in the Batesville-Leesville area.
Terry Ruse, chief operating officer of AEP, says the company
has financing available for up to 20 plants and plans to build
at least 10 facilities from Mississippi to New York. Ruse
estimates that based on current standards of 10 percent ethanol
blends in gasoline, there is annual demand for up to 1.9 billion
gallons in Florida, Georgia and the Carolinas.
"We're starting in North Carolina and will go in concentric
circles outward," he says.
Like Georgia, Florida is looking to attract biofuel producers
with incentives. The state's proposed Renewable Energy Technologies
& Energy Efficiency Act offers up to $6.5 million in tax
credits for ethanol construction. But so far, few producers
are stepping up to the table. U.S. EnviroFuels is planning
to build an $80 million plant near Tampa, but recently put
plans to build a second facility near Port Manatee on hold.
Meanwhile Gate Ethanol, a division of Jacksonville-based
Gate Petroleum, scrapped its plans to build a $160 million
30 million gallon ethanol plant in Jacksonville, citing costs
Ruse says his company is wary of Florida because of the cost
of shipping corn to plants in the state.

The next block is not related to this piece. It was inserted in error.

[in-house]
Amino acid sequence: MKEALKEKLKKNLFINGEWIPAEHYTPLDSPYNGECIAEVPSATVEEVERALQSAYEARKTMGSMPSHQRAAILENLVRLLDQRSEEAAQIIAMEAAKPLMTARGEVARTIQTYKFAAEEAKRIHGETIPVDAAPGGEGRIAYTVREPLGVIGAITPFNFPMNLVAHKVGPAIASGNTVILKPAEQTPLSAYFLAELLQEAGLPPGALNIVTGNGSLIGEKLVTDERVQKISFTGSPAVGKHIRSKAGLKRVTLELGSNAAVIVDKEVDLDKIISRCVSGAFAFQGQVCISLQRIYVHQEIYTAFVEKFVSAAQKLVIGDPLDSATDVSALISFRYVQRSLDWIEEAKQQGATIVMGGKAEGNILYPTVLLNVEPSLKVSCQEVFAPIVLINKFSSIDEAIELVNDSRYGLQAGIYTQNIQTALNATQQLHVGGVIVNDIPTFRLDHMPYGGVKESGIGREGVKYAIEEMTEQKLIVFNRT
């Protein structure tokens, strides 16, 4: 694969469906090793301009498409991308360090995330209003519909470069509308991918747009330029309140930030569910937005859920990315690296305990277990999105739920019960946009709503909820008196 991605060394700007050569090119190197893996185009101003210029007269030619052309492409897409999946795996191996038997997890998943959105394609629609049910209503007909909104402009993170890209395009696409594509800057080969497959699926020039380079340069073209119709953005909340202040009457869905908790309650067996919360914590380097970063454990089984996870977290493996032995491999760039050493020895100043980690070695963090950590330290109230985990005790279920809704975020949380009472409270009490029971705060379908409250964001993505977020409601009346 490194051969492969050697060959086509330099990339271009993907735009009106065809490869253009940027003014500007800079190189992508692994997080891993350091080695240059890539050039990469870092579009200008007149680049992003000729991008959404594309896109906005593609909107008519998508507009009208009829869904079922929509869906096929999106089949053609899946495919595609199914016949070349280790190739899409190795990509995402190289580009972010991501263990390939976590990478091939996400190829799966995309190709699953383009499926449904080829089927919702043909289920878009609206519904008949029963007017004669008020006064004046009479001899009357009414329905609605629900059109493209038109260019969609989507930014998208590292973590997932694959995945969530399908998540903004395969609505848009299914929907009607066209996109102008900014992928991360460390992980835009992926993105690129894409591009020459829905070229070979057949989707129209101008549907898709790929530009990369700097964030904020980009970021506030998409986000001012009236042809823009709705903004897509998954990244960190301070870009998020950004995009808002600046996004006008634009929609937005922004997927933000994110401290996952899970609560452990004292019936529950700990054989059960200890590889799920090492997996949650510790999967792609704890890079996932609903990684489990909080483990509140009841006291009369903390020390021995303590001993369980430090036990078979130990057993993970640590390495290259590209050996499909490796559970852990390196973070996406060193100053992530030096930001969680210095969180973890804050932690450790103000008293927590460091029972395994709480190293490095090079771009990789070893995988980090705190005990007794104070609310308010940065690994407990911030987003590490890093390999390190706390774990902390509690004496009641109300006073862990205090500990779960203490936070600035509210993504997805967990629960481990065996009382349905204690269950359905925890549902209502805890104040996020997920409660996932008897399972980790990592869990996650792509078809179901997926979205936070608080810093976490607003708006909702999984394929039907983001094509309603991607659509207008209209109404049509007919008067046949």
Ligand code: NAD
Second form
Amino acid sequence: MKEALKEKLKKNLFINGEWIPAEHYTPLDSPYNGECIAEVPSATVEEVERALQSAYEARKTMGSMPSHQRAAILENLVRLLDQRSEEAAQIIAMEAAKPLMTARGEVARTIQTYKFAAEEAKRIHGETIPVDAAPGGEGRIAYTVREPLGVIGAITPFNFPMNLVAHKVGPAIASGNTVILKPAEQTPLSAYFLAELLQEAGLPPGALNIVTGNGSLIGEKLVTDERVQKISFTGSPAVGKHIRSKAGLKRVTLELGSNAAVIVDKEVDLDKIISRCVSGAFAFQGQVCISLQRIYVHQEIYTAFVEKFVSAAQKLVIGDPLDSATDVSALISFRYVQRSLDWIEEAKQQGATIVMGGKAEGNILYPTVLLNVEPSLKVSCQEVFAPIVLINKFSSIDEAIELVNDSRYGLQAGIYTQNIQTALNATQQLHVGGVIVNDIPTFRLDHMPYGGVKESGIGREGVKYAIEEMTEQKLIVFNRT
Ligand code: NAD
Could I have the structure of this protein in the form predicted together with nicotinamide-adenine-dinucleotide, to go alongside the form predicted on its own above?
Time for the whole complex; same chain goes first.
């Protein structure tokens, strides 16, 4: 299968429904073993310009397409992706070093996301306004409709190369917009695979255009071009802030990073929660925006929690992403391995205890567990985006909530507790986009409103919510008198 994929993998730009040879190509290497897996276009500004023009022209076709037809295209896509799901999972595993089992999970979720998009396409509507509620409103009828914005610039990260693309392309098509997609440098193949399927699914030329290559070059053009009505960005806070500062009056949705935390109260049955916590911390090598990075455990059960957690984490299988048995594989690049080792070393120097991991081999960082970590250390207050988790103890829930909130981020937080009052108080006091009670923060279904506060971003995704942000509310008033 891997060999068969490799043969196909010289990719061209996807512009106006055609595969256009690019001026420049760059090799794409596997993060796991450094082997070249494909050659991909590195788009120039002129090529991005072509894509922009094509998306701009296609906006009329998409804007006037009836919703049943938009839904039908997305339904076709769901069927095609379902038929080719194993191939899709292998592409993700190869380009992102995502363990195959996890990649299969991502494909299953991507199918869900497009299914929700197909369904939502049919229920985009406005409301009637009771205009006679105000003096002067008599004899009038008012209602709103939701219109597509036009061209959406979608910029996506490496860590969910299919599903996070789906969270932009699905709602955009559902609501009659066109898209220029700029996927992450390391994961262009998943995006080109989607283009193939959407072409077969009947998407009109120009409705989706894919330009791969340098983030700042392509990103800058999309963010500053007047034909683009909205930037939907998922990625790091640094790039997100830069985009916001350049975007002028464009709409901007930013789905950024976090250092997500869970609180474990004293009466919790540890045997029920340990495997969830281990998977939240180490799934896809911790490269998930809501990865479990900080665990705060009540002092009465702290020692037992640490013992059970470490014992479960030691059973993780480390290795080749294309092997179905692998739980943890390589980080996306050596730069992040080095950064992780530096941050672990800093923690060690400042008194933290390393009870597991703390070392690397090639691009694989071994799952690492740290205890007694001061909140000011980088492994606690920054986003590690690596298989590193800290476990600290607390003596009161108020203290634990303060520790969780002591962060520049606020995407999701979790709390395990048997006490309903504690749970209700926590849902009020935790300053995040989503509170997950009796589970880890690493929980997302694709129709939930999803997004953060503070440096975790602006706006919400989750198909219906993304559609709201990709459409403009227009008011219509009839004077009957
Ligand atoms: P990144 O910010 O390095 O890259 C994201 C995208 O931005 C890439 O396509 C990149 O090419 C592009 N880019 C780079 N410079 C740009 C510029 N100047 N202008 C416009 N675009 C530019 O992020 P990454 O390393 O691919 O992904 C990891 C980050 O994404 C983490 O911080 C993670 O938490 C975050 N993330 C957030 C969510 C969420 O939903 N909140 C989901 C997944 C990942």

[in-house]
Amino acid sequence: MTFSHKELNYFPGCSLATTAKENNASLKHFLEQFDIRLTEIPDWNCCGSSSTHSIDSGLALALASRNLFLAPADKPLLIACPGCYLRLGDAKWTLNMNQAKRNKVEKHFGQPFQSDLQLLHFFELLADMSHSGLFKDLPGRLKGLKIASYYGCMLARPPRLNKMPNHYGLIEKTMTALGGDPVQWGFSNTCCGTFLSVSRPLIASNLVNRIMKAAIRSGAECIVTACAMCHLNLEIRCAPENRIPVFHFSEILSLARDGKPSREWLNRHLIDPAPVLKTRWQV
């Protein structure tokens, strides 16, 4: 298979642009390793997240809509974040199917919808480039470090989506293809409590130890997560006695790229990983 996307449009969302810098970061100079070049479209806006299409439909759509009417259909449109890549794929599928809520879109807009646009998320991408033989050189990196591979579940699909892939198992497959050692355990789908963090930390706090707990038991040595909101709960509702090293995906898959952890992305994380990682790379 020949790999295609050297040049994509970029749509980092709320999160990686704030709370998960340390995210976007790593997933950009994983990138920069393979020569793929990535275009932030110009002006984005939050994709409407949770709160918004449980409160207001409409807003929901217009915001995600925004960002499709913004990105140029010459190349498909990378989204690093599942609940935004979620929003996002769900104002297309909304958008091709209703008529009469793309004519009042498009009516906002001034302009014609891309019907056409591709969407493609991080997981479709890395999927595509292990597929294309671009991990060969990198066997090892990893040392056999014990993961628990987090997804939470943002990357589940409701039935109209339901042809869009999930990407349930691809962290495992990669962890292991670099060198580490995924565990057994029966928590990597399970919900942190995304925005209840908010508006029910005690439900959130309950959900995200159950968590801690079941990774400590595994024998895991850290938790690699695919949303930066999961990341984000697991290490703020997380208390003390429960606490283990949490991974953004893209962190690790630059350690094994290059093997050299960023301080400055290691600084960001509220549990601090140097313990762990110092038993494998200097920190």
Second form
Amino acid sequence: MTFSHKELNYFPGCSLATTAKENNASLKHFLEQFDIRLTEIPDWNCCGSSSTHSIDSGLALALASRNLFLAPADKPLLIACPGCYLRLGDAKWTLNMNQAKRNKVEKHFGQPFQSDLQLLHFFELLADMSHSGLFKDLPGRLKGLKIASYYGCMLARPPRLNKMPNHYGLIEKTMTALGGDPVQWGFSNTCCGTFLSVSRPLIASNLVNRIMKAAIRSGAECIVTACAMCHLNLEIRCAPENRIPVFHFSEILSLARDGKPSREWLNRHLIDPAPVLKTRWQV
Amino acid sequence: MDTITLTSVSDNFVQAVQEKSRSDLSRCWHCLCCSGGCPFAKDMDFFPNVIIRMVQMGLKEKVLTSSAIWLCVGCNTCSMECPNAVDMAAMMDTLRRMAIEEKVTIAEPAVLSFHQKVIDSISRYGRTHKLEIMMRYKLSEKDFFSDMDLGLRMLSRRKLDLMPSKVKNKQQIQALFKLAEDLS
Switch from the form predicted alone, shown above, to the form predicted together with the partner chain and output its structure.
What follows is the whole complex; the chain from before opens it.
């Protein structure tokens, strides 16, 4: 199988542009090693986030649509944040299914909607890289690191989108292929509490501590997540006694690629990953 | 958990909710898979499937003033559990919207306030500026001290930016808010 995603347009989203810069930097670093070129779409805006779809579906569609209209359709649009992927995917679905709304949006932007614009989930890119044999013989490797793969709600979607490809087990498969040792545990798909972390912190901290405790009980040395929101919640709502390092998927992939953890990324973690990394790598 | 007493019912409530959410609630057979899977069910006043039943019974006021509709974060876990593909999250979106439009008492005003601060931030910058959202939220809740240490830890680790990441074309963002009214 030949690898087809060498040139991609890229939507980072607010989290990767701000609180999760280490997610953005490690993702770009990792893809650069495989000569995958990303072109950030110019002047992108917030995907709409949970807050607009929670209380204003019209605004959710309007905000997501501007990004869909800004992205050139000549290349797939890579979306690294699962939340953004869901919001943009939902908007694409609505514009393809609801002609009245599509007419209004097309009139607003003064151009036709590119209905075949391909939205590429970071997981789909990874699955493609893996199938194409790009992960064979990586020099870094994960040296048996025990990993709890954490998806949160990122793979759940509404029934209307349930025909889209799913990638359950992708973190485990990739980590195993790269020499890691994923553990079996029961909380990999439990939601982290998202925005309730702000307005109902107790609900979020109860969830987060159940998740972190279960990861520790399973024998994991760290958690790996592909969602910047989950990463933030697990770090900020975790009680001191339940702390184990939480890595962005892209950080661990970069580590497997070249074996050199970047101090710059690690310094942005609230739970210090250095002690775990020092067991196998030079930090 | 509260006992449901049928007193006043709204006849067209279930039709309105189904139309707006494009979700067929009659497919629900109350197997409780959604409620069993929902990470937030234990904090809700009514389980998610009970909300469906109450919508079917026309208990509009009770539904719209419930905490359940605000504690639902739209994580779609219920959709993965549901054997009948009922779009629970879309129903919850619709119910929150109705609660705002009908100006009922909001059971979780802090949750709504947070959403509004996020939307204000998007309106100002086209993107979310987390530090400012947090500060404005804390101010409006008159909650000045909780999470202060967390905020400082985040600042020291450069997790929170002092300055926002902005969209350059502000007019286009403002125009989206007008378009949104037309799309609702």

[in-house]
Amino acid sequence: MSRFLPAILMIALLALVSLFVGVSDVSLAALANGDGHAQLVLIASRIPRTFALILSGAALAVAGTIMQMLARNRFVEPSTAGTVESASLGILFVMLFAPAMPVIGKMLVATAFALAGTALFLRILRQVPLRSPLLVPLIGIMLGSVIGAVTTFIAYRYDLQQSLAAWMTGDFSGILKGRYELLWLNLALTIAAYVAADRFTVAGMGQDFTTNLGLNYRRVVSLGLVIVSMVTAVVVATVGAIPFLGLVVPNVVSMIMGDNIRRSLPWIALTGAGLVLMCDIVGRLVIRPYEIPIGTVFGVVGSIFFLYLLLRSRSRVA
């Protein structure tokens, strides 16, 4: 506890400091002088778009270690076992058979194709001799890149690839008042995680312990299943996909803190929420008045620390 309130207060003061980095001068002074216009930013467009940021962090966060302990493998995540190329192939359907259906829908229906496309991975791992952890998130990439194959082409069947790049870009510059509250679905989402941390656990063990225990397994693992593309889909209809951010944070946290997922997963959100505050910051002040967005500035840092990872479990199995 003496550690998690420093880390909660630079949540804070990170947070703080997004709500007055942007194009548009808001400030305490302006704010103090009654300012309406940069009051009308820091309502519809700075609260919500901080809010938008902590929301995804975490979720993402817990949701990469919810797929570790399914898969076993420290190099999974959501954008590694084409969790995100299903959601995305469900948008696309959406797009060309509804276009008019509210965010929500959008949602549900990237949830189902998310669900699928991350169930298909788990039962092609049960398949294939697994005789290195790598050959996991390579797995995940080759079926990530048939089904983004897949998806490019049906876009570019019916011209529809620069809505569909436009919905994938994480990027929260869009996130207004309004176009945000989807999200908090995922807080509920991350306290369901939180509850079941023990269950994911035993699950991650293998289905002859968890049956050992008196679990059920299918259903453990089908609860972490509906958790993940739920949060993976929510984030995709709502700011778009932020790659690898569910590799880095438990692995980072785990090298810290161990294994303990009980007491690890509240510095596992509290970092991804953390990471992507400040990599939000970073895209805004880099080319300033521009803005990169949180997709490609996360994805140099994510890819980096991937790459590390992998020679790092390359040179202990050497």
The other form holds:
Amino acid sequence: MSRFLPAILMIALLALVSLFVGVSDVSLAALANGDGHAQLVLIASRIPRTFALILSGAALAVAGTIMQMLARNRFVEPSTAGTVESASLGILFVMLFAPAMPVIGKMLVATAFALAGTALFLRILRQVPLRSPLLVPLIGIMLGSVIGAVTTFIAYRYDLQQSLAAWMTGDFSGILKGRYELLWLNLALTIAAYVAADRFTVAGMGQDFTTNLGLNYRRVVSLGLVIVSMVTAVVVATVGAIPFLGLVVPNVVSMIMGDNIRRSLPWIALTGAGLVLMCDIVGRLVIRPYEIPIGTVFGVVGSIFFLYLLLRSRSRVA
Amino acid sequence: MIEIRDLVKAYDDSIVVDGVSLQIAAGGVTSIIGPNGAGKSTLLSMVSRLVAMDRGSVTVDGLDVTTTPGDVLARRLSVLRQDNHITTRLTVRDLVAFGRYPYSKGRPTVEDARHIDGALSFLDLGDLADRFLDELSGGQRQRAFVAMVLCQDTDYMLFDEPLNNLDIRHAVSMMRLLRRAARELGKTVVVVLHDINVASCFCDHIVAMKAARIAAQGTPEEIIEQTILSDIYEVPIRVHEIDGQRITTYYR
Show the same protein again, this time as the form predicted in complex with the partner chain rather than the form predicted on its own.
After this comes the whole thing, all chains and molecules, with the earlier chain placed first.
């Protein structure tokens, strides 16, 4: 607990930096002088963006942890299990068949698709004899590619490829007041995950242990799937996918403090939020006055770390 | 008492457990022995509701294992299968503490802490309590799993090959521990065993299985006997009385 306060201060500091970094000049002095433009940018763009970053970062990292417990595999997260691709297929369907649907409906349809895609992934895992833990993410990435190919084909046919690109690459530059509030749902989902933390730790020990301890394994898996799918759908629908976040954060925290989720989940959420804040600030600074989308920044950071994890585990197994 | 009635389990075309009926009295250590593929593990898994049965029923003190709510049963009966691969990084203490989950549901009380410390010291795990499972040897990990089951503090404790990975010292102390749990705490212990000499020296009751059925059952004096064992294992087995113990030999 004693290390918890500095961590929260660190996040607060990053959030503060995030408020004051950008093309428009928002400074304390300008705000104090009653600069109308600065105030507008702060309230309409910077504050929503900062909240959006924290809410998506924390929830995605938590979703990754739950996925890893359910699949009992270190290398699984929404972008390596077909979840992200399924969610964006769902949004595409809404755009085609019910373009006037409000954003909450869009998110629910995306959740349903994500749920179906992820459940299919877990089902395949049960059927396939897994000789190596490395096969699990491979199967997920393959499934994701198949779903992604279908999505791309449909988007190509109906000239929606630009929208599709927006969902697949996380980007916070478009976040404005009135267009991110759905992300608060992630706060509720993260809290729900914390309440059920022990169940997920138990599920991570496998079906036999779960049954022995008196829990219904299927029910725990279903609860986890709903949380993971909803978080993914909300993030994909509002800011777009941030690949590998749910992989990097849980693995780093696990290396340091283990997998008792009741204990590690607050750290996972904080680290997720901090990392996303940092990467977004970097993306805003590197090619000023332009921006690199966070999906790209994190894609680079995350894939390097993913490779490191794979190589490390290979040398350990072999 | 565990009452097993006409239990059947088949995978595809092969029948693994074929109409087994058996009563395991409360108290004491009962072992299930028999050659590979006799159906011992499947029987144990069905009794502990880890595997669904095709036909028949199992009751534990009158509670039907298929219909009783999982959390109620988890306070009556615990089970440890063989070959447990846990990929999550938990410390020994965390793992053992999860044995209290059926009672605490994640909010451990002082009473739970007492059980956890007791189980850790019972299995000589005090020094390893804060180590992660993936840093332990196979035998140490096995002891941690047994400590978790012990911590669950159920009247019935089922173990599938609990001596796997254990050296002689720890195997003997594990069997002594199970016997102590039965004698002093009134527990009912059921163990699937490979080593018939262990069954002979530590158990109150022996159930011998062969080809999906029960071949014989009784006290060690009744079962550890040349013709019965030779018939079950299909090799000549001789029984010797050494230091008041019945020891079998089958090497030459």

"We would only build in the far north of Florida,"
The real promise for biofuel production in the region is
based on emerging technologies. Although corn is the prominent
feedstock for facilities, researchers are working on new "cellulosic"
processes that will use more indigenous resources. Analysts
argue that development of such technologies is essential to
meet recommended standards proposed by the Bush administration.
Production of 35 billion gallons of ethanol would use up the
entire U.S. production of corn, according to industry estimates.
C2 Biofuels of Atlanta is working with researchers at the
Georgia Institute of Technology to build a plant that would
use wood pulp. Other researchers have suggested the future
use of plant waste from the citrus industry as feedstock for
biofuel plants in Florida.
The potential nationwide capacity for corn ethanol plants
based on available corn supplies is between 15 billion and
20 billion gallons, says Paul Kamp, regional sales manager
with Williamsburg, Va.-based ethanol plant design-builder
Delta-T. But once cellulosic techniques emerge, the market
could hit 60 billion gallons.
"Corn ethanol is just the beginning - the bigger opportunities
have yet to unfold," he says.
Major investment banks could also spur significant development
of production facilities. While co-ops of farmers and other
local businessmen have overseen the bulk of biofuel production